October 27, 2010
   Posted in News Flash
Published By Tashi

CTA and Schools of
Tibetan Buddhism Reject China’s Regulation on Monastic Management
[Wednesday, 27 October 2010, 2:06 p.m.]


The heads
of the schools of Tibetan Buddhism and the Central Tibetan
Administration’s Department of Religion and Culture today strongly
repudiated a regulation imposed by the Chinese government aimed at
undermining Tibet’s traditional Buddhist culture.

 
Kalon Tsering
Phuntsok, Kalon for the Department of Religion and Culture, addresses to
the media at the Department of Information and International Relations
in Dharamsal
a on
27 October 2010

Dharamshala: The State Administration for
Religious Affairs of the People’s Republic of China, which issued the
so called “Regulation on the administration of Tibetan Buddhist
Monasteries or Order No 8”, said the measure will come into effect on 1
November.Addressing a press conference this morning at Gangchen
Kyishong in Dharamsala, Venerable Tsering Phuntsok, Kalon for the
Department of Religion and Culture, said the new regulation is in total
violation of the provisions of the Chinese Constitution, which
guarantees that “citizens of the People’s Republic of China enjoy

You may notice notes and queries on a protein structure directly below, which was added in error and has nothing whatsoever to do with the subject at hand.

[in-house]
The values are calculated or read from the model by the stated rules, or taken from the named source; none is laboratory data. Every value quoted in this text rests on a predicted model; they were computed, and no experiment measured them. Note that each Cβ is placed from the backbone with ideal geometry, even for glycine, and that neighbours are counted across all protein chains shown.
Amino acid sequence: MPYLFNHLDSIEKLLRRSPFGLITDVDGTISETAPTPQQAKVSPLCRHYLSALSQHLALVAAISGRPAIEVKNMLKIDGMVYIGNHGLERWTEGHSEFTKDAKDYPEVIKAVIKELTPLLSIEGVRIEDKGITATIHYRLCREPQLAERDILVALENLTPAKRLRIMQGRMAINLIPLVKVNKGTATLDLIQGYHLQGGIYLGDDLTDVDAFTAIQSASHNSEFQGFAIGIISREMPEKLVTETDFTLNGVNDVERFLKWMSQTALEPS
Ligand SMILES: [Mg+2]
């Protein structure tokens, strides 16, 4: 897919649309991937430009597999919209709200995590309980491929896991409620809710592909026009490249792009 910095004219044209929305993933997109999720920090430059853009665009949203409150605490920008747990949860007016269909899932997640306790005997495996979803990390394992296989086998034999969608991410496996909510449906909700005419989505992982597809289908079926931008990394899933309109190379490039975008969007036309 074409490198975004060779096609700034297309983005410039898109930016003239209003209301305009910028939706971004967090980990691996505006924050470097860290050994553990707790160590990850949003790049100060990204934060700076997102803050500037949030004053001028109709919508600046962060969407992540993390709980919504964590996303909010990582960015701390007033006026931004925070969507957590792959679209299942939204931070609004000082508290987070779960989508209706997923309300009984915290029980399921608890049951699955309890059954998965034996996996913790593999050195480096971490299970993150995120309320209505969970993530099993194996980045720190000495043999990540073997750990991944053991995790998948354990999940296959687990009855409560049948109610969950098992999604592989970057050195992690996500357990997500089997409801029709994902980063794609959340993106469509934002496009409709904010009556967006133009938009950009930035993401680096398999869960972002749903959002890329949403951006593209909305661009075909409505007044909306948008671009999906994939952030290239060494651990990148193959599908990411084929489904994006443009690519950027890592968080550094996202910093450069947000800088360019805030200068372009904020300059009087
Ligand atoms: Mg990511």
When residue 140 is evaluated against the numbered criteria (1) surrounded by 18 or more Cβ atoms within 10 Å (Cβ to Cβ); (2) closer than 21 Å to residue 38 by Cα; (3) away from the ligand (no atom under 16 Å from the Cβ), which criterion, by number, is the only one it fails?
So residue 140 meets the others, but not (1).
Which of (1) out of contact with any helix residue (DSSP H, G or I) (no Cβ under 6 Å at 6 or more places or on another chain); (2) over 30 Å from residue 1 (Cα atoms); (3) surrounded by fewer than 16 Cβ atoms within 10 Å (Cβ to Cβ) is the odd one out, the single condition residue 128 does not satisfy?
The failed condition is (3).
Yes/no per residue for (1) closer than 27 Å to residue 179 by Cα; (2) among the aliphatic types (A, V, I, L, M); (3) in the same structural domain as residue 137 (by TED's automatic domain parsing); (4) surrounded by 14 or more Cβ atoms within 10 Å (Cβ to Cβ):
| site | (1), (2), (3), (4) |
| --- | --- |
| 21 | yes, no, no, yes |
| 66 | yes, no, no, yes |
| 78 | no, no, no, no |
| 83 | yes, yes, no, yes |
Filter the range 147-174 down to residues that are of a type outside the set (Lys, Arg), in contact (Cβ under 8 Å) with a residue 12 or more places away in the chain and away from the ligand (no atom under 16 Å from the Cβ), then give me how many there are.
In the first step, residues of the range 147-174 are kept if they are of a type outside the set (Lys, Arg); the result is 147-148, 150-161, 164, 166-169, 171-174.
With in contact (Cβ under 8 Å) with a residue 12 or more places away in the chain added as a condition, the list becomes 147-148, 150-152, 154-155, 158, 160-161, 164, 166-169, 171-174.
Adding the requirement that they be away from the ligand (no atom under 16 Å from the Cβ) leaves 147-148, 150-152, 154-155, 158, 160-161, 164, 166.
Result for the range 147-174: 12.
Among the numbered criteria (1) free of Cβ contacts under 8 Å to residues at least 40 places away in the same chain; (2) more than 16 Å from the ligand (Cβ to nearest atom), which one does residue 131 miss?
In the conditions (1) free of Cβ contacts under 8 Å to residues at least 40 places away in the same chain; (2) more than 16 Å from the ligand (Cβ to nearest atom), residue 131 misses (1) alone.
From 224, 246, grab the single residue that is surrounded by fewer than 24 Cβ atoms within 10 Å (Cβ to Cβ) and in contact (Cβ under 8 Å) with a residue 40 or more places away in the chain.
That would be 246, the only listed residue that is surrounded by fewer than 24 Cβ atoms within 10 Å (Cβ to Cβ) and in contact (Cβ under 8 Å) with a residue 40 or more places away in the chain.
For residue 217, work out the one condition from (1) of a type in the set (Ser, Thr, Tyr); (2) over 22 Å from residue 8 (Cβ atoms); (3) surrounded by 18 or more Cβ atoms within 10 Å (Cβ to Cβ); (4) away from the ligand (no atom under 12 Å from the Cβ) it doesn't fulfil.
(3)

freedom of religious belief”.“No state organ, public
organisation or individual may compel citizens to believe in, or not
believe in, any religion; nor may they discriminate against citizens who
believe in, or do not believe in, any religion. The state protects
normal religious activities. No one may make use of religion to engage
in activities that disrupt public order, impair the health of citizens
or interfere with the educational system of the state. Religious bodies
and religious affairs are not subject to any foreign domination,” said
Kalon Tsering Phuntsok quoting from the Chinese Constitution.“Going
against the above provisions of the Chinese Constitution is a proof of
the fact that the citizens of the People’s Republic of China do not at
all have religious freedom and that the country is ruled by man and not
by law,” he added.Kalon Tsering Phuntsok said: “The religious
heads and scholars of Tibetan Buddhism as a whole are, currently, living
outside Tibet. Hence, the lineage of the sacred Buddhist teachings and
initiations can be said to be existing in the exile Tibetan community.”“This
regulation is an evil design on the part of the Chinese government to
obstruct the Buddhist teaching and its sacred transmissions inside Tibet
and makes it extremely difficult for the monastic institutions to
undertake their important religious activities,”
he further said.“This is also a means employed by the Chinese
government to not only destroy the tradition and study of Tibetan
Buddhism but also uproot the monastic institutions and the transmission
of Buddhist teachings in these centers of learning by diluting the
spiritual bond between teacher and pupil,” he added.“While,
therefore, repudiating “this injunction” of the Chinese government, we
express our strong opposition to it,” Kalon Tsering Phuntsok said.Also
read:
Central Tibetan
Administration Rejects Recognition of Lamas/Trulkus by Chinese
Government

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